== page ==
Sunday, July 24, 2016

Norman Teeling Painting on Location

Dublin artist Norman Teeling (born 1944) describes the experience of painting on location. "When I paint a picture," he say, "I want to be elevated, I want to escape from the mundane and enter a world of the romantic whether it be an interior or a landscape."
Thanks, Garin.

Splitting Color Illusion

This optical illusion by  shows two identical, flickering colored stripes that remain the same throughout the presentation. As the background colors change around them, however, the stripe changes its appearance.

Discoverer Mark Vergeer says, "When the stripe is flanked by a yellow/blue pattern, drifting to the left, it changes appearance, and looks red and cyan, drifting to the right, while the same stripe, flanked by a red/cyan pattern drifting to the right, suddenly looks yellow and blue, drifting to the left. This illusion shows that one and the same object can look completely different depending on its surroundings."

"Splitting Colors" was awarded the "Illusion of the Year" in 2015 (Link to video on YouTube)

Saturday, July 23, 2016

Joe Derrane (1930-2016)

Yesterday we lost one of the great Irish accordion players, Joe Derrane, at age 86. We saw him at the Paddy O'Brien festival in Tipperary soon after his triumphant return from retirement. Joe played the dance halls in Boston in the 1940s in a highly ornamental style that was all his own. 

"When I focus on it, I can crawl inside the music," he said, "and let it take me wherever it wants to go."

Brief video clip: (Link to YouTube
Wikipedia on Joe Derrane

Friday, July 22, 2016

Reminder: Food Truck Challenge

Reminder: The Food Truck Painting Challenge is ongoing. The goal is to paint a vehicle used for mobile catering. It's free to enter and the deadline is August 15.

This is an old milk wagon that I sketched when I was an art student.

Read all the entry requirements and parameters of the Food Truck Painting Challenge. (link fixed)

Thursday, July 21, 2016

Pencil Accents

Here's a sketch of a barn in upstate New York. 

After a quick lay-in where I carefully measure all the perspective and spacing, I lay down some big washes on thin watercolor, very slightly warm and cool, with a few orange color accents.

The pencil then describes textures and details, from the fine wires on top of the ventilators to the rough texture of the shingles. I like to use two pencils, such as an HB and a 2B pencil, one for the light lines and the other for the darker accents.

Wednesday, July 20, 2016

Fine Art and Illustration

Blog reader Gary Gowans asks: "Where do you draw the line between fine art and illustration? How about galleries? Does it matter? I have been painting just short of photo realism and am in several good galleries BUT, I love the illustrators of the Golden Age as well as like Fuchs, English, and Robt. Heindel to name a few." 

Answer: Yes, Gary, it matters, because words matter. Words shape the way we arrange the furniture inside our minds. I believe that you can love the great illustrators while you paint for galleries.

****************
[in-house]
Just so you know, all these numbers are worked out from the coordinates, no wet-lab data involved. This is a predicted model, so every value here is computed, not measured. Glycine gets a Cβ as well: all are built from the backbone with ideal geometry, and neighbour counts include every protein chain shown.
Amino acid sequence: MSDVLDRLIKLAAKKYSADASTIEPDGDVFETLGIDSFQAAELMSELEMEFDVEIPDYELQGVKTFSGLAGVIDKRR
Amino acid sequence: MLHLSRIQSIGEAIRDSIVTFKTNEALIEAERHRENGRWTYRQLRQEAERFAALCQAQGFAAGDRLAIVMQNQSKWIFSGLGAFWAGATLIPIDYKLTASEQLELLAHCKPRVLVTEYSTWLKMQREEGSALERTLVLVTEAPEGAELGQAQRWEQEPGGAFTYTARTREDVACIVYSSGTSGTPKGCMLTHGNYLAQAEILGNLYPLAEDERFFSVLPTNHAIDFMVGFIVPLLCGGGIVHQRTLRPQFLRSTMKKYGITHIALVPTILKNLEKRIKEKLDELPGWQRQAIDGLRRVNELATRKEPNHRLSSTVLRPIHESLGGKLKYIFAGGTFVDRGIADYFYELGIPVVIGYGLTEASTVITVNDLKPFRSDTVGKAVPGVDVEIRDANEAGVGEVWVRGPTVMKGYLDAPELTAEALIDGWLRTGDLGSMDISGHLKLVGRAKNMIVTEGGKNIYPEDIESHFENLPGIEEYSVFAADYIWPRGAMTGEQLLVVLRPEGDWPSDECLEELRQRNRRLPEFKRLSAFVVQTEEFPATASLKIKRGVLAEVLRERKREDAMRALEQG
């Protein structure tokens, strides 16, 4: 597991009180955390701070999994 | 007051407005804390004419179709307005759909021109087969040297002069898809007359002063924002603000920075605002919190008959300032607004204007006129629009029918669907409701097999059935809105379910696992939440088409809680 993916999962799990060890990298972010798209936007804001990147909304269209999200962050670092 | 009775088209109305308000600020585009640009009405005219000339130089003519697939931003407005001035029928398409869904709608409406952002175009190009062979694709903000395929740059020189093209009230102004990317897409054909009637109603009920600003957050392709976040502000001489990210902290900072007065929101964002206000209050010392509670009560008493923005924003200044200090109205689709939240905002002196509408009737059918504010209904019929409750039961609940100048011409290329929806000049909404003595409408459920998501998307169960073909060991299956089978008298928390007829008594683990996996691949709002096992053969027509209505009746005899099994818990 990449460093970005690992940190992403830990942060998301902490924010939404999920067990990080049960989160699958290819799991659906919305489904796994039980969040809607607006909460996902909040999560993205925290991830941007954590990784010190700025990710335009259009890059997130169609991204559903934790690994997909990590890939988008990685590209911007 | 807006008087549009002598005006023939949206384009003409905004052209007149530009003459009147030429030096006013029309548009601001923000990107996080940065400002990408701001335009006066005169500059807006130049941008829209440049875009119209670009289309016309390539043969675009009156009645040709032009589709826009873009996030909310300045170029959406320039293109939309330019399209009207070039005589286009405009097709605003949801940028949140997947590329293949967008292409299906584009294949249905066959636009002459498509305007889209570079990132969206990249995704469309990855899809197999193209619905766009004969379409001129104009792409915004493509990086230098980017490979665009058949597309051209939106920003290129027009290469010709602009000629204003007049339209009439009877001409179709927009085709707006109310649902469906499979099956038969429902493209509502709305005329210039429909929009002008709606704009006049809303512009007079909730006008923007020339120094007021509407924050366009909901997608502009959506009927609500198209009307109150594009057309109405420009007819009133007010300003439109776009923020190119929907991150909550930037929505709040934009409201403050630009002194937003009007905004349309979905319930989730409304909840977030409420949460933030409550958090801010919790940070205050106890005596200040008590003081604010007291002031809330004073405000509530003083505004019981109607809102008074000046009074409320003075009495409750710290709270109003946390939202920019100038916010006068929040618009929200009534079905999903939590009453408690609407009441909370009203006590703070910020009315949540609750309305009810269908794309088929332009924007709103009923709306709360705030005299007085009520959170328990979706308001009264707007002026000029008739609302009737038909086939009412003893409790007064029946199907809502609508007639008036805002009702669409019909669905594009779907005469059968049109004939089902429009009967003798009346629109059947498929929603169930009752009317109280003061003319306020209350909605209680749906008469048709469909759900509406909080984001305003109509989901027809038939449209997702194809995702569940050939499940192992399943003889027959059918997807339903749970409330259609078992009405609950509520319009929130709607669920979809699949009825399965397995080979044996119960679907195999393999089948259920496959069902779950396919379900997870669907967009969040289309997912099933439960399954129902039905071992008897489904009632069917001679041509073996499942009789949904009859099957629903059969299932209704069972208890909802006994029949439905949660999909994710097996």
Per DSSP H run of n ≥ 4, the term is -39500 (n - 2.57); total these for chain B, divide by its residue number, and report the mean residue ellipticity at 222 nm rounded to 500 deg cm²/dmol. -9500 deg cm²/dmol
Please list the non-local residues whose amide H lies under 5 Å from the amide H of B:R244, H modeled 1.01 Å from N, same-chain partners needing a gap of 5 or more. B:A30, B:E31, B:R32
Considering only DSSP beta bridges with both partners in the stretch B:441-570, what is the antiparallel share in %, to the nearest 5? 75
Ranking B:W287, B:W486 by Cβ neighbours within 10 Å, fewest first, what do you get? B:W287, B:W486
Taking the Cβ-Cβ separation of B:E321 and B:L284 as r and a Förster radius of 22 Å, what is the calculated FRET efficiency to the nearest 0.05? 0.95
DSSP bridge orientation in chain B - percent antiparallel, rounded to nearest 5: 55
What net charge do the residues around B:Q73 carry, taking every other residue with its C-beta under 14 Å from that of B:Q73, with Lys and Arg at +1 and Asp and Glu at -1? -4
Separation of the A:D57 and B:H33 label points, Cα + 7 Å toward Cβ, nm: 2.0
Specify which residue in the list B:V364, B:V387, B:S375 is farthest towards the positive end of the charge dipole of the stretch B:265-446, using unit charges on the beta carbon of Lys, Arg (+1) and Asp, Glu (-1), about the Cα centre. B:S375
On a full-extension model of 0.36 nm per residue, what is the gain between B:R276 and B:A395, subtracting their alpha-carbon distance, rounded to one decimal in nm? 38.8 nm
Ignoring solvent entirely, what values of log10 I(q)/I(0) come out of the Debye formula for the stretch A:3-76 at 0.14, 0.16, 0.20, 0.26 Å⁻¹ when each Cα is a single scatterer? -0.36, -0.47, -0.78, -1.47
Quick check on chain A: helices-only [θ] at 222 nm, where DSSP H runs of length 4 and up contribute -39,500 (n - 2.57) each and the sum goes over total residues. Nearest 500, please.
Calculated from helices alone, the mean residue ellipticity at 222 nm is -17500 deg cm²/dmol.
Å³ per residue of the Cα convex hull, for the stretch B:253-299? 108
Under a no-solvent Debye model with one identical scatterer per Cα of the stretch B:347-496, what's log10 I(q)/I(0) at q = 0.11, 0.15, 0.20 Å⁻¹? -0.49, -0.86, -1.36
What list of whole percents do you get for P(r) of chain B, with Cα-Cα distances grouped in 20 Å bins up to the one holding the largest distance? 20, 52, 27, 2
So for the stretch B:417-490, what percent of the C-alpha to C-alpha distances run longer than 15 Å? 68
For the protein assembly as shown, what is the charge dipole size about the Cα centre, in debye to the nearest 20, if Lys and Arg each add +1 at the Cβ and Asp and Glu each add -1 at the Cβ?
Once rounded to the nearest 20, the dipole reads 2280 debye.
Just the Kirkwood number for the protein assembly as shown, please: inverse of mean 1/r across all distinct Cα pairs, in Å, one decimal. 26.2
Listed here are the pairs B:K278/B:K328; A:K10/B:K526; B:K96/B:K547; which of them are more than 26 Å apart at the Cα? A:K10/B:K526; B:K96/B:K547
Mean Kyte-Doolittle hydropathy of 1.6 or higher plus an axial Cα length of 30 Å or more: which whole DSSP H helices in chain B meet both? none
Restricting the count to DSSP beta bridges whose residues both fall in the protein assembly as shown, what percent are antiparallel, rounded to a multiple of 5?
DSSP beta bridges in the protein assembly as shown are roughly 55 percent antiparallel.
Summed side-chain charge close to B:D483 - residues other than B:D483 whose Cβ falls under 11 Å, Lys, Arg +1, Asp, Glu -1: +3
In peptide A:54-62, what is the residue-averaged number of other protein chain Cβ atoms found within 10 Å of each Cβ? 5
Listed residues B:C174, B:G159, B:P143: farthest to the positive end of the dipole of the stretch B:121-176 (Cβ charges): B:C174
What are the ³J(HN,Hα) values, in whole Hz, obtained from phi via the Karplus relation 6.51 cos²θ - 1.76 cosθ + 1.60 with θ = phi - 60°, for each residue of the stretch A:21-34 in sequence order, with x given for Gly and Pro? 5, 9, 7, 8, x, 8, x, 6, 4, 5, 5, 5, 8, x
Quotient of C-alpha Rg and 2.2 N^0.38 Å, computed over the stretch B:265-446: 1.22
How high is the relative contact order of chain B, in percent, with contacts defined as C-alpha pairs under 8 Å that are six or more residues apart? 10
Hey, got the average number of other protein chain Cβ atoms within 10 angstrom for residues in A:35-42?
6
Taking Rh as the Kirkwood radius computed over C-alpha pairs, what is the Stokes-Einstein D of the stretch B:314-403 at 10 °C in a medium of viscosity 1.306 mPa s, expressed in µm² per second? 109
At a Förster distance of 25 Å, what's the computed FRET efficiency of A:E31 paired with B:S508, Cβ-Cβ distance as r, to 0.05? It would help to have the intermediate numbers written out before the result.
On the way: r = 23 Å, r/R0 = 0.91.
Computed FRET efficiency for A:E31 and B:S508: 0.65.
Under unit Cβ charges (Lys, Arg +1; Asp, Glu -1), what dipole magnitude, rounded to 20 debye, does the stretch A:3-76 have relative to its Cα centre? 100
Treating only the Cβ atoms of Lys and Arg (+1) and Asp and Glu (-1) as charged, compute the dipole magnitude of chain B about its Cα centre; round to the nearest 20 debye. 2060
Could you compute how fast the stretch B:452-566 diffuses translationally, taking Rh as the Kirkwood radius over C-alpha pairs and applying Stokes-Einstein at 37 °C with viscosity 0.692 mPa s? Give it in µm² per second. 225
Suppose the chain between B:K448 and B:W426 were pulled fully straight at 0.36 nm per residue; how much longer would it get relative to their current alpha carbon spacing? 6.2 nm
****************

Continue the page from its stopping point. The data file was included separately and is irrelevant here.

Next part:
I try not to draw a line between fine art and illustration, because both terms are impossible to define and the distinction is meaningless.

By "fine art," some people mean gallery art. For some people the term suggests a branch of art that's supposedly free from commercialism.

Having been involved in all sorts of art-making, I can attest that gallery art can be liberating, because you can paint whatever you want, especially when you're getting started. But once paintings start selling, things change, and the gallery career can become the most commercial of all. Gallery artists are always reminded of what's selling, and what's not, and are pressured by the marketplace to repeat successes more than any other kind of art.

There's nothing wrong with making art solely with the intent to sell it. We've all got to make a living. And it's possible for a gallery artist to be unaffected by thinking about sales and prices, but it's not easy. Are you going to keep doing those experimental things that you love doing when that last show got no red dots? 

The least commercial art form I've ever experienced is magazine illustration, where the individual work of art has no measurable influence on the ultimate commercial success of the larger work, namely the magazine. If any art is "fine" in the sense of being non-commercial, it is illustration.

“Illustration” is a term that means different things to different people. It can mean: 
1) work that’s commissioned.
2) work that tells a story.
3) or work that is reproduced. 

Those are very different criteria, and none of them should be grounds for disparaging artwork. There have been great works of art that fit one, two, or even all three of these measures. Work has been commissioned by publishers, and before that by popes and kings, often formatting them very specifically for altar pieces or tombs. Artists have always been capable of inspired work under such conditions.

Work that tells a story includes all great artwork, not just painting, but also movies and novels. How could that not be the highest calling? And work that is reproduced just brings it to a larger audience, as the phonograph has done for music. Live musicians don't disparage musicians who make recordings, so why should art that's printed be any different?

So let yourself love whatever artwork speaks to you. Whatever kind of artwork you do, throw your heart into it. Now I guess the next question is: So are we all artists, then? Too late to call ourselves artists, because musicians and actors have stolen that term!